“Guardians of the Galaxy” is the most anticipated film of the summer, or at least that's what Marvel wants everyone to believe. To help keep that anticipation palpable, the company has released a teaser for the film's upcoming trailer.
That's right. On Friday, Marvel released a 24-second teaser for the full-length trailer's release on Monday.
Nevertheless, the teaser was jam-packed with plenty of action sequences, and shirtless Chris Pratt and Zoe Saldana. Plus, fans even got to hear Pratt's Star-Lord exchange a couple of lines with Dave Bautista's Drax the Destroyer.
The science-fiction epic is a bit of a departure for the Marvel Cinematic Universe. It's stepping far, far away from The Avengers universe established on Earth to find another group of superheroes in deep space. It also looks like the humor quotient has been ratcheted up for “GotG.”
Hitting theaters on August 1, 2014, “Guardians of the Galaxy” was directed by James Gunn, based on a screenplay by Gunn and Nicole Perlman. The film stars Pratt, Saldana, Bautista, Vin Diesel, Bradley Cooper, Karen Gillan, Michael Rooker, Lee Pace, Djimon Hounsou, John C. Reilly, Benicio del Toro, and Glenn Close.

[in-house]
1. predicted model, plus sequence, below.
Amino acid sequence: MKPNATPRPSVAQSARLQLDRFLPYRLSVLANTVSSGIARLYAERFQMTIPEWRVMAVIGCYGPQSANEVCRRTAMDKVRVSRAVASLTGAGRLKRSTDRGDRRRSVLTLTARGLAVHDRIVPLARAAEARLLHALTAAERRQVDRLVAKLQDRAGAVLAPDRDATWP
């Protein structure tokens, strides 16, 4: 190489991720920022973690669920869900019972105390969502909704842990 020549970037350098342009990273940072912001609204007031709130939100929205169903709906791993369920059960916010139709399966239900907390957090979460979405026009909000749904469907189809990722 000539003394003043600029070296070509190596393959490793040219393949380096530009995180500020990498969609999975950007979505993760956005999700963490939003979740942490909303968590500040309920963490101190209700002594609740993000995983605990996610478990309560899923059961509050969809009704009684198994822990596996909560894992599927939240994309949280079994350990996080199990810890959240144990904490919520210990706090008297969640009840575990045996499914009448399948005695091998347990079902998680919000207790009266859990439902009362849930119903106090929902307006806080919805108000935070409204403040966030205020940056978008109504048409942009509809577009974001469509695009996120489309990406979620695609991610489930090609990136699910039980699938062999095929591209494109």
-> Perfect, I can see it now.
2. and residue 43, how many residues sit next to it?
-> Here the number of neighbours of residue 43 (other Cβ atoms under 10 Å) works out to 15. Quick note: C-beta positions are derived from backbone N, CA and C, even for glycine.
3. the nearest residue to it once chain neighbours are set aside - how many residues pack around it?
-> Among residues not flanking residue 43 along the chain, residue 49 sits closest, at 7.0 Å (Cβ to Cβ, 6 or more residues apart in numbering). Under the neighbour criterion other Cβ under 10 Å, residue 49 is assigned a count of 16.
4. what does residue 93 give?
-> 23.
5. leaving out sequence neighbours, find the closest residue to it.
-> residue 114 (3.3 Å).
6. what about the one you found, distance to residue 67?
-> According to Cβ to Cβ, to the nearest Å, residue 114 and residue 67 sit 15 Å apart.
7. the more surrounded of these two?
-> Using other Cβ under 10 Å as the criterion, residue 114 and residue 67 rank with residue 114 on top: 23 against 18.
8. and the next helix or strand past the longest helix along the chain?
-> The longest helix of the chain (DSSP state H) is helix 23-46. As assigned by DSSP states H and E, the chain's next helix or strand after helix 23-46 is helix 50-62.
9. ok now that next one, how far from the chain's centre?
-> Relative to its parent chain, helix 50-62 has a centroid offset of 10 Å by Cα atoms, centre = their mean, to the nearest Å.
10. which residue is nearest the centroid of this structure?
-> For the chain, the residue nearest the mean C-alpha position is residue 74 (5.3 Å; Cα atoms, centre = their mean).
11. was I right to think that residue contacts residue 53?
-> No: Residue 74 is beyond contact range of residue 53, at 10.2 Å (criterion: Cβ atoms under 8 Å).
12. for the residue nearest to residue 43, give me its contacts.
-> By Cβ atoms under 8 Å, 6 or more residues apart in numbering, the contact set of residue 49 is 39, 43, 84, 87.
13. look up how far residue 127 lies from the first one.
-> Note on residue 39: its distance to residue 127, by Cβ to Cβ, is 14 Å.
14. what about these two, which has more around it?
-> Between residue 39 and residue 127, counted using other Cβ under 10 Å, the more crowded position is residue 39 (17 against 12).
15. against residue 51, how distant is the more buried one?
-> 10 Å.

idg this teasers for trailers thing, they should just release the movie already.
Pearce is fiercely impressive here as a man who gave up on the human race even before the latest round of calamities, and if there are occasional glimpses of the kinder, gentler man he might once have been, we are more frequently privy to his savage survival instincts. But it's Pattinson who turns out to be the film's greatest surprise, sporting a convincing Southern accent and bringing an understated dignity to a role that might easily have been milked for cheap sentimental effects. With his slurry drawl and wide-eyed, lap-dog stare, Rey initially suggests a latter-day Lennie Small, but he isn't so much developmentally disabled as socially regressed — an overprotected mama's boy suddenly cast to the wolves — and Pattinson never forces or overdoes anything, building up an empathy for the character that’s entirely earned. He becomes an oasis of humanity in this stark, forsaken land.
By The Los Angeles Times:
Unaccountably slotted for the midnight section of the festival rather than the main competition, "The Rover" is a most impressive piece of filmmaking, tense and unrelenting, that chills the blood as well as the soul.